1. Textbooks: Every semester students usually have to purchase a few text books for each class, yet the majority won’t be used after the class has been completed. Instead of taking them home where they will sit on a shelf or in a box in the basement, sell them to students who may need them next year. Also, check with the university book annex as they often buy back books in good condition that will be used again.

  1. Furnishings: Whether it’s a rug, comfortable chair, or wall decoration, students sometimes purchase a few extra furnishings to make dorm rooms or off campus housing a little cozier, but may not take these items home. Instead of putting them on the street for the trashman, try reselling or passing them on to other students who could put them to good use next fall.

  2. Clothing: If students know they want new outfits for the coming months, hold a dorm or campus clothing swap before everyone departs. A small fee could be charged with all proceeds going to charity.

  3. Storage: Put in storage belongings you know you want to keep but don’t need back home. This will allow for lighter travel with less energy and resources being expended hauling everything back and forth. dorm 2

  4. Donate: After all is said and done, anything that’s usable that you weren’t able to sell or give away in time should be donated to a local charity. Donating is one of the best forms of putting things on the path to being reused.
  5. Recycle: When cleaning up and clearing out, old handouts, notices, pizza boxes, bottles and other similar items are likely to pile up. Whatever can be recycled should be placed in the proper bin.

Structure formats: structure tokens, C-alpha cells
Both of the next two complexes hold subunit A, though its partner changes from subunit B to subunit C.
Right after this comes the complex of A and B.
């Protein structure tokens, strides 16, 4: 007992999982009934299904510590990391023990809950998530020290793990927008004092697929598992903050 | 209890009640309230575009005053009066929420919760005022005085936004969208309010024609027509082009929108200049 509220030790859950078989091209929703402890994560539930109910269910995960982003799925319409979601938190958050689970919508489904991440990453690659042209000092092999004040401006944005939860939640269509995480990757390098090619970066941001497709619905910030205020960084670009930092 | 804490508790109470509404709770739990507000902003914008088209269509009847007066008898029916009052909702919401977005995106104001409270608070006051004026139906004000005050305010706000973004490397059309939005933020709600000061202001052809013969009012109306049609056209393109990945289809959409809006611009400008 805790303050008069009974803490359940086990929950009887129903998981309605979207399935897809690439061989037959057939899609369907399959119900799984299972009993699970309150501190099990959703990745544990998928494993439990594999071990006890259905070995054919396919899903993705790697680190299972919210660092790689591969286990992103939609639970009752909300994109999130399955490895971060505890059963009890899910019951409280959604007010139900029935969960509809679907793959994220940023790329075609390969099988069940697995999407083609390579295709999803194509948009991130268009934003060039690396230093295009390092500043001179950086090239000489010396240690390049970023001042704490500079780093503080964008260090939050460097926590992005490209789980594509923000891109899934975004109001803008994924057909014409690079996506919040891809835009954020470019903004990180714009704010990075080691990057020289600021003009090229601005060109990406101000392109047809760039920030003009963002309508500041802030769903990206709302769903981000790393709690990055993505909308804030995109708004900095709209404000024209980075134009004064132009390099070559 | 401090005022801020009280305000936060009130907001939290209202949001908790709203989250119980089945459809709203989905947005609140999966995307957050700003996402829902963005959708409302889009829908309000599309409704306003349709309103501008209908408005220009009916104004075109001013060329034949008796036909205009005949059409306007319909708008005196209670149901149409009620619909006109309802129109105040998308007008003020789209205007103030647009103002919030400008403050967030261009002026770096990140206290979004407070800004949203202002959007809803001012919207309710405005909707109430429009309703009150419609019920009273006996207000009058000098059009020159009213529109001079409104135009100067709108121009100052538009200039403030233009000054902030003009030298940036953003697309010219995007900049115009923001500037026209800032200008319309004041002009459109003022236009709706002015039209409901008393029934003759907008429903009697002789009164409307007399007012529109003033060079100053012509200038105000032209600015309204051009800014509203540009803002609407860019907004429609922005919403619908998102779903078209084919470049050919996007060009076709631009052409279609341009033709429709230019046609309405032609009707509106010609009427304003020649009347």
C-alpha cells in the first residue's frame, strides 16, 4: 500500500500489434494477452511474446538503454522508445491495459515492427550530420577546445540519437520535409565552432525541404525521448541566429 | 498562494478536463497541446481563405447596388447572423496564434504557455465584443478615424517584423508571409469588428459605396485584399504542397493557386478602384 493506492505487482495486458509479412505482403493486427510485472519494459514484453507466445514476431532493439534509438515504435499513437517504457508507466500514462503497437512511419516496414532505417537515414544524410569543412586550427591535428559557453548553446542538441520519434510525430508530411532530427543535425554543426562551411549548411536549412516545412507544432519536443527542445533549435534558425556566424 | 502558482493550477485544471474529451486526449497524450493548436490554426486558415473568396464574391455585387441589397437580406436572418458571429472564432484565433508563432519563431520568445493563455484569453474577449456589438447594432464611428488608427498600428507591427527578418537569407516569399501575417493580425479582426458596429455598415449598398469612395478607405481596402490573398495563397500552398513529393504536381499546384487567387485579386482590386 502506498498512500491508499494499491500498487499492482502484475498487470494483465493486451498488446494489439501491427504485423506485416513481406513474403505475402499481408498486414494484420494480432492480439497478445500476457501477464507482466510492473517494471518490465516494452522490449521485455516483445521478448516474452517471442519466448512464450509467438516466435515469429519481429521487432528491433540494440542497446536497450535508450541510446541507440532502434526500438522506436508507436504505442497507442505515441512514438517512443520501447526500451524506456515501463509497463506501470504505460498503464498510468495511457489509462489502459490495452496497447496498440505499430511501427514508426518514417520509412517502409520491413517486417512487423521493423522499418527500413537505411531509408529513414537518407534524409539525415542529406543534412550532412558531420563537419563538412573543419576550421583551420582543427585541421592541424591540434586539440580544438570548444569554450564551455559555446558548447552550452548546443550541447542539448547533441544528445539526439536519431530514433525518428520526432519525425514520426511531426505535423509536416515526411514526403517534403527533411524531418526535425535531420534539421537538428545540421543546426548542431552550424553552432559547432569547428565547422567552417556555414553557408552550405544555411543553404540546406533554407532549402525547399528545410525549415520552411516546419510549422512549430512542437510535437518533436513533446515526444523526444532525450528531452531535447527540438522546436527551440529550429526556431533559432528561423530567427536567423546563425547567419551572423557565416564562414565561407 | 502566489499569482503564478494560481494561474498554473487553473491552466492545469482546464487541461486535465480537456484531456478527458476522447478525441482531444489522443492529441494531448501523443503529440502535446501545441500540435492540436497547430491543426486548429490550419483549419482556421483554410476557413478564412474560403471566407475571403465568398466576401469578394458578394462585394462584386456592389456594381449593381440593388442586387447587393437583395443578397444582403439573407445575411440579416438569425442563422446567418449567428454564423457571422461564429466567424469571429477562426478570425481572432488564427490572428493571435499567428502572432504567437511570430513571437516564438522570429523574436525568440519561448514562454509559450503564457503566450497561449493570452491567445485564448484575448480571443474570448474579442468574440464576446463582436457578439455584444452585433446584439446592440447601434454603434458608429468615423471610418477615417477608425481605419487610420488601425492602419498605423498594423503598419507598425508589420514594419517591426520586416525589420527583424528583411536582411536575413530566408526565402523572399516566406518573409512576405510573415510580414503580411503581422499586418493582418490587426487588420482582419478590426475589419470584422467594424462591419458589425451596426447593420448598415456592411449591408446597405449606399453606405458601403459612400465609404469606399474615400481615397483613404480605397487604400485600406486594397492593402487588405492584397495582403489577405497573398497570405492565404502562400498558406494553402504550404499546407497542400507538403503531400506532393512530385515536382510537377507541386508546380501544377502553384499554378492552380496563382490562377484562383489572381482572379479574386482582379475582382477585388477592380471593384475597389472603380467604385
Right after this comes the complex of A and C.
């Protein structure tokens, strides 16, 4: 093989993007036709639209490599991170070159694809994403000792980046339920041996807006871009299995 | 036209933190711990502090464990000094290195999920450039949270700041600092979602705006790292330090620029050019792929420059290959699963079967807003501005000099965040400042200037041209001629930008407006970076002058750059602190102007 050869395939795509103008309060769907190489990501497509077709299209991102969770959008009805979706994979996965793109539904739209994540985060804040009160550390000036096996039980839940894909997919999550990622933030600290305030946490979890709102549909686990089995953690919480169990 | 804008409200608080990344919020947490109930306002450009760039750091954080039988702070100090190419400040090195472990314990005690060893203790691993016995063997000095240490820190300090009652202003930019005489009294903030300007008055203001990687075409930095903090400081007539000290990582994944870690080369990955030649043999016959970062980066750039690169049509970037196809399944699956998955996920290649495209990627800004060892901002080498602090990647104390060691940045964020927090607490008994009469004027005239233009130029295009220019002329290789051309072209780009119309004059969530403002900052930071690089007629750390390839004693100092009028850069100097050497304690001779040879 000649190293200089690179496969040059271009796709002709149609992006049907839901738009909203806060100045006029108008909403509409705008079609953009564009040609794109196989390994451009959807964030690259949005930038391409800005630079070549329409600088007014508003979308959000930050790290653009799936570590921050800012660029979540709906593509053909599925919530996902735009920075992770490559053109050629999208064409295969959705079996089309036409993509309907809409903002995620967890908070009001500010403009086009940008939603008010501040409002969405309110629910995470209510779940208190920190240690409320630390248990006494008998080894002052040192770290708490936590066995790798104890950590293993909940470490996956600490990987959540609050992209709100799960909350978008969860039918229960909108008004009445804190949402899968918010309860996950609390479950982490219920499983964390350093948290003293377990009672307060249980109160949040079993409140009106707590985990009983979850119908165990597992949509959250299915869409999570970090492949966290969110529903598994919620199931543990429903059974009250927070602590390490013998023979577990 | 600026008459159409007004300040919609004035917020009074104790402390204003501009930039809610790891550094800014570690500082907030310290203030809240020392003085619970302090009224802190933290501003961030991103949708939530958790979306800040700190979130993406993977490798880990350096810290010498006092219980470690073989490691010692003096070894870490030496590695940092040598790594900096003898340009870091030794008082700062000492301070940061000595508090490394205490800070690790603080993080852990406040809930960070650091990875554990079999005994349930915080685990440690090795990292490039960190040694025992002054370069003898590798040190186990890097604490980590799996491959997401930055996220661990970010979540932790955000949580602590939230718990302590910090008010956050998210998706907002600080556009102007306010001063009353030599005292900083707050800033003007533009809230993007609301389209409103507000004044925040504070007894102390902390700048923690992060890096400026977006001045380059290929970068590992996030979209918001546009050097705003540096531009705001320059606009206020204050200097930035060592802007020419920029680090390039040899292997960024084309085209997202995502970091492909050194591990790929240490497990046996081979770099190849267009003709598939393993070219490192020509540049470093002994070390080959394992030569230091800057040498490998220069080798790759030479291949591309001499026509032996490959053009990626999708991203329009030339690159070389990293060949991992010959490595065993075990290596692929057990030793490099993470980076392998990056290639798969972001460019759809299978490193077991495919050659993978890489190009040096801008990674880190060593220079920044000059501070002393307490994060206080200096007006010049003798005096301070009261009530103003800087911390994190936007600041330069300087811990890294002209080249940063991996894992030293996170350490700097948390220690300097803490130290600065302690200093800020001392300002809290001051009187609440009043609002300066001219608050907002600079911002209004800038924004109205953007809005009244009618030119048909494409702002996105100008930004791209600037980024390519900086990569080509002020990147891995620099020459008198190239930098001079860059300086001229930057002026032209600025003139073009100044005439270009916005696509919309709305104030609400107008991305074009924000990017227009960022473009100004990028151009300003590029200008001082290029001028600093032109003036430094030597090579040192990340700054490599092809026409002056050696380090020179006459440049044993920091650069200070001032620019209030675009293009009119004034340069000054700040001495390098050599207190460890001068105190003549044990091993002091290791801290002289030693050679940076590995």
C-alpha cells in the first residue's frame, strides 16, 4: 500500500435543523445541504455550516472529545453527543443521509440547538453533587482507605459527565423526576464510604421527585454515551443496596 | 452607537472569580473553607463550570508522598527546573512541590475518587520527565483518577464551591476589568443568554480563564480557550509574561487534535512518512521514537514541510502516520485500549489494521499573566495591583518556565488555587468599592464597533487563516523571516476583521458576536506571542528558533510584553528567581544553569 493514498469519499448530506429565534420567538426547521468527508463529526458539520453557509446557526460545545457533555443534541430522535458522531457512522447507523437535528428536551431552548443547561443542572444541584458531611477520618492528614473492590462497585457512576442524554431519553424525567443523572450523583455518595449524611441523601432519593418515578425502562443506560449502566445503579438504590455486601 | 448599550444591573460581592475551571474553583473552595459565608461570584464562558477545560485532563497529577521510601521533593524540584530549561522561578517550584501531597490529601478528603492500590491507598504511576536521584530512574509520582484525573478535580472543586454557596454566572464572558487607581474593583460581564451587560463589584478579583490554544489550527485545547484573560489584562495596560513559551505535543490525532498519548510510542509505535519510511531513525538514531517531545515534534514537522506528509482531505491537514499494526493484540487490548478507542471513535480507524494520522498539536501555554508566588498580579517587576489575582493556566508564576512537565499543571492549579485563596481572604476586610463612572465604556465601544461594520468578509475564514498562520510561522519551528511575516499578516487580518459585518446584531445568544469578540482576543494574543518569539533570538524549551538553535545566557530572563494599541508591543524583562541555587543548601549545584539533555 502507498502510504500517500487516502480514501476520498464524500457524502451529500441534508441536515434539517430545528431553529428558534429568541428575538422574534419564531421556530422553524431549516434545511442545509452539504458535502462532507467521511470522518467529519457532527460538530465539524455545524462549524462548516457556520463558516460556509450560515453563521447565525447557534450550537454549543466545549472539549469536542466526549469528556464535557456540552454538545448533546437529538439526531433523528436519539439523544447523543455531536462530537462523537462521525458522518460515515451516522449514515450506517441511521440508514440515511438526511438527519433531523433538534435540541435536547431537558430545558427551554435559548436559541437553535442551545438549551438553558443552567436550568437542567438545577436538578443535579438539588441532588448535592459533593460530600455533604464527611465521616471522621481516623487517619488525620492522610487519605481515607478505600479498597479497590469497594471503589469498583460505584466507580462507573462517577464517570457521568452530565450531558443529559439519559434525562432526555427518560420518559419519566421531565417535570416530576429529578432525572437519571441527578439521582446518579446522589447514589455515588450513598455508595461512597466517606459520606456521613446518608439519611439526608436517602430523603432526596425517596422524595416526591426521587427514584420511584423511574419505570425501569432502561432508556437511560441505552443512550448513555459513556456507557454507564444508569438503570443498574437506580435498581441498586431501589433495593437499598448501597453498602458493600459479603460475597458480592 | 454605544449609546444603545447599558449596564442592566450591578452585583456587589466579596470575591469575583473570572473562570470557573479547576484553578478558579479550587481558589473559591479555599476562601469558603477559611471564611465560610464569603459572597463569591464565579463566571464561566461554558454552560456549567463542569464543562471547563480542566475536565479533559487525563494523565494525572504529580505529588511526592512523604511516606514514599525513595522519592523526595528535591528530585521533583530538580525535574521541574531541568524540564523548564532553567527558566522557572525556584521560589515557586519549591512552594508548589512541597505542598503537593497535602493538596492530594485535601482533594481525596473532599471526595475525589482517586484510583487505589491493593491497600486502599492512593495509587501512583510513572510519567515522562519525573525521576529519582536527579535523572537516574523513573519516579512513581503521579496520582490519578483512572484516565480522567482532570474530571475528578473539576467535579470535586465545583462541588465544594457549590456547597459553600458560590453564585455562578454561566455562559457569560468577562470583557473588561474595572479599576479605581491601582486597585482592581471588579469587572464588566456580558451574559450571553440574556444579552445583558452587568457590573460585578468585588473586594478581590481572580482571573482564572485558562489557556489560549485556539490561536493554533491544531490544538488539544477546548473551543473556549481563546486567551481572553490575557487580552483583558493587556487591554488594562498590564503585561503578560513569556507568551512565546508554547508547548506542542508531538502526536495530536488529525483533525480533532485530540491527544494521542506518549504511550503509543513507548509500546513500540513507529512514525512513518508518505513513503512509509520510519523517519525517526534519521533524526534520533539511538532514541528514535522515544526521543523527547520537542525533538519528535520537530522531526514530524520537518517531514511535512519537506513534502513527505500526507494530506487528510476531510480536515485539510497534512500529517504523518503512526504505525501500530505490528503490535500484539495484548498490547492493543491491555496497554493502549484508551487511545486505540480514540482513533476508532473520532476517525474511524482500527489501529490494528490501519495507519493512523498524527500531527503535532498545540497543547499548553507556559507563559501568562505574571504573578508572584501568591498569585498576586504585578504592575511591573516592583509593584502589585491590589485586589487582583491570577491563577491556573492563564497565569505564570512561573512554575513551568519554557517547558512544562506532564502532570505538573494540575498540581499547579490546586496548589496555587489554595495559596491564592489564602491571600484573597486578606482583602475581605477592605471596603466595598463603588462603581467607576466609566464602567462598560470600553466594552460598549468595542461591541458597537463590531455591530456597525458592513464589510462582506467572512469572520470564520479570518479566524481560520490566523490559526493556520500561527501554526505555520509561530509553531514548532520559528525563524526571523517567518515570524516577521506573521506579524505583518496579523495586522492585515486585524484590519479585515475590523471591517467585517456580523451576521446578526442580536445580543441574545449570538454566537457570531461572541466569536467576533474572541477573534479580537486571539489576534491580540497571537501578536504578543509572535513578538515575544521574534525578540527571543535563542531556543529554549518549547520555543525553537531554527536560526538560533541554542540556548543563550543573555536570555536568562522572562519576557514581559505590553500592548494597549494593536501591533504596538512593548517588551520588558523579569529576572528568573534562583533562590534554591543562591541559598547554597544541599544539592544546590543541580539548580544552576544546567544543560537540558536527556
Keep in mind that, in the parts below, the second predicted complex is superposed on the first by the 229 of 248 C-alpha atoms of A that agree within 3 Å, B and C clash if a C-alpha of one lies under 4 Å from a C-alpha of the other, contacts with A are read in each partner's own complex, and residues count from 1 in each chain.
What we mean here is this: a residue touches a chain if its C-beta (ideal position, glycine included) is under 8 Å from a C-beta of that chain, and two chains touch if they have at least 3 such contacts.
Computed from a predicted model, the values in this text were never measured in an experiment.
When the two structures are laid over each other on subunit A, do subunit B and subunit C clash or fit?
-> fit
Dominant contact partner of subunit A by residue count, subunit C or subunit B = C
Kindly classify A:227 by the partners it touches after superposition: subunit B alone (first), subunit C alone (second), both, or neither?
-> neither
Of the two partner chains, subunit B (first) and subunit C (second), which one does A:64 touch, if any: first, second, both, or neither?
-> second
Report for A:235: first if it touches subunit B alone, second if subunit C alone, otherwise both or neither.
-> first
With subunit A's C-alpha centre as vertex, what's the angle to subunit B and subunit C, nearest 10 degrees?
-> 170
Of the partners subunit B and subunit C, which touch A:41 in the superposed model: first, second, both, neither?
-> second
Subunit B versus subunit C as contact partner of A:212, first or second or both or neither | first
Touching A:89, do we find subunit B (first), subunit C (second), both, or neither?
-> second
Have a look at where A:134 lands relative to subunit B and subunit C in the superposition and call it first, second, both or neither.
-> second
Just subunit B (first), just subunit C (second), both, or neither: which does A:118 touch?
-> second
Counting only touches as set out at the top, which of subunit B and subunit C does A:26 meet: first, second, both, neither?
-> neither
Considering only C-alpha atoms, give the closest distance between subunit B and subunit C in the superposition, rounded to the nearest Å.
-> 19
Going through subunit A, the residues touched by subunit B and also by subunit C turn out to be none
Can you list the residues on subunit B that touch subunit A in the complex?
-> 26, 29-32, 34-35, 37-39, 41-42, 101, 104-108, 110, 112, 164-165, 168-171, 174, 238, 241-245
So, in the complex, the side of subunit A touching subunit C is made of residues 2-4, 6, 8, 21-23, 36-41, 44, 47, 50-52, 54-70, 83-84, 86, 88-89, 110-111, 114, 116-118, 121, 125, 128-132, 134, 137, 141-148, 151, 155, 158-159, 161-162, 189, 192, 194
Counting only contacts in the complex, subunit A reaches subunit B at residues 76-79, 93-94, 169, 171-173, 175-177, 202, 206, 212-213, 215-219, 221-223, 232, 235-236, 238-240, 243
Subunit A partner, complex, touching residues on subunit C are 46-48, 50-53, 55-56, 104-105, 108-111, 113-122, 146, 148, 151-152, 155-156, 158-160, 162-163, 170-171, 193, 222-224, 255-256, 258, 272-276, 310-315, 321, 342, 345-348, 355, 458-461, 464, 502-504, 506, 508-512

6. Cleansers: When cleaning living spaces, try using eco-friendly cleansers. They won’t emit noxious fumes that are unhealthy to breathe, and because they aren’t chemically based, they won’t harm the environment when poured down the drain

  7. Reusables: Moving can be exhausting and require plenty of snacks and drinks, so carry a reusable water bottle and reusable cutlery for the trip home. Doing so prevents more non-biodegradable plastic ware from sitting in the local landfill.

  8. Classes: Before departing, drop a note to some of your professors who taught classes in which there seemed to be a lot of paper waste. Ask them to find ways to digitize handouts and other materials for fall semester.

  9. Carpool: Finally, if everyone leaves in individual vehicles the combined burning of fossil fuels creates a lot of pollution. That’s why if enough students can travel with a minimum amount of possessions and are headed in similar directions, they should arrange carpooling or a special bus to take them home.


-Jakob Barry

Jakob Barry is a green living journalist for helps homeowners save time, money and frustration by connecting them with home improvement professionals. From plumbers and roofers to handymen and carpenters Networx simplifies the process of locating a reliable professional.


May 15th, 2013

Green Living: Bamboo Studio Dinnerware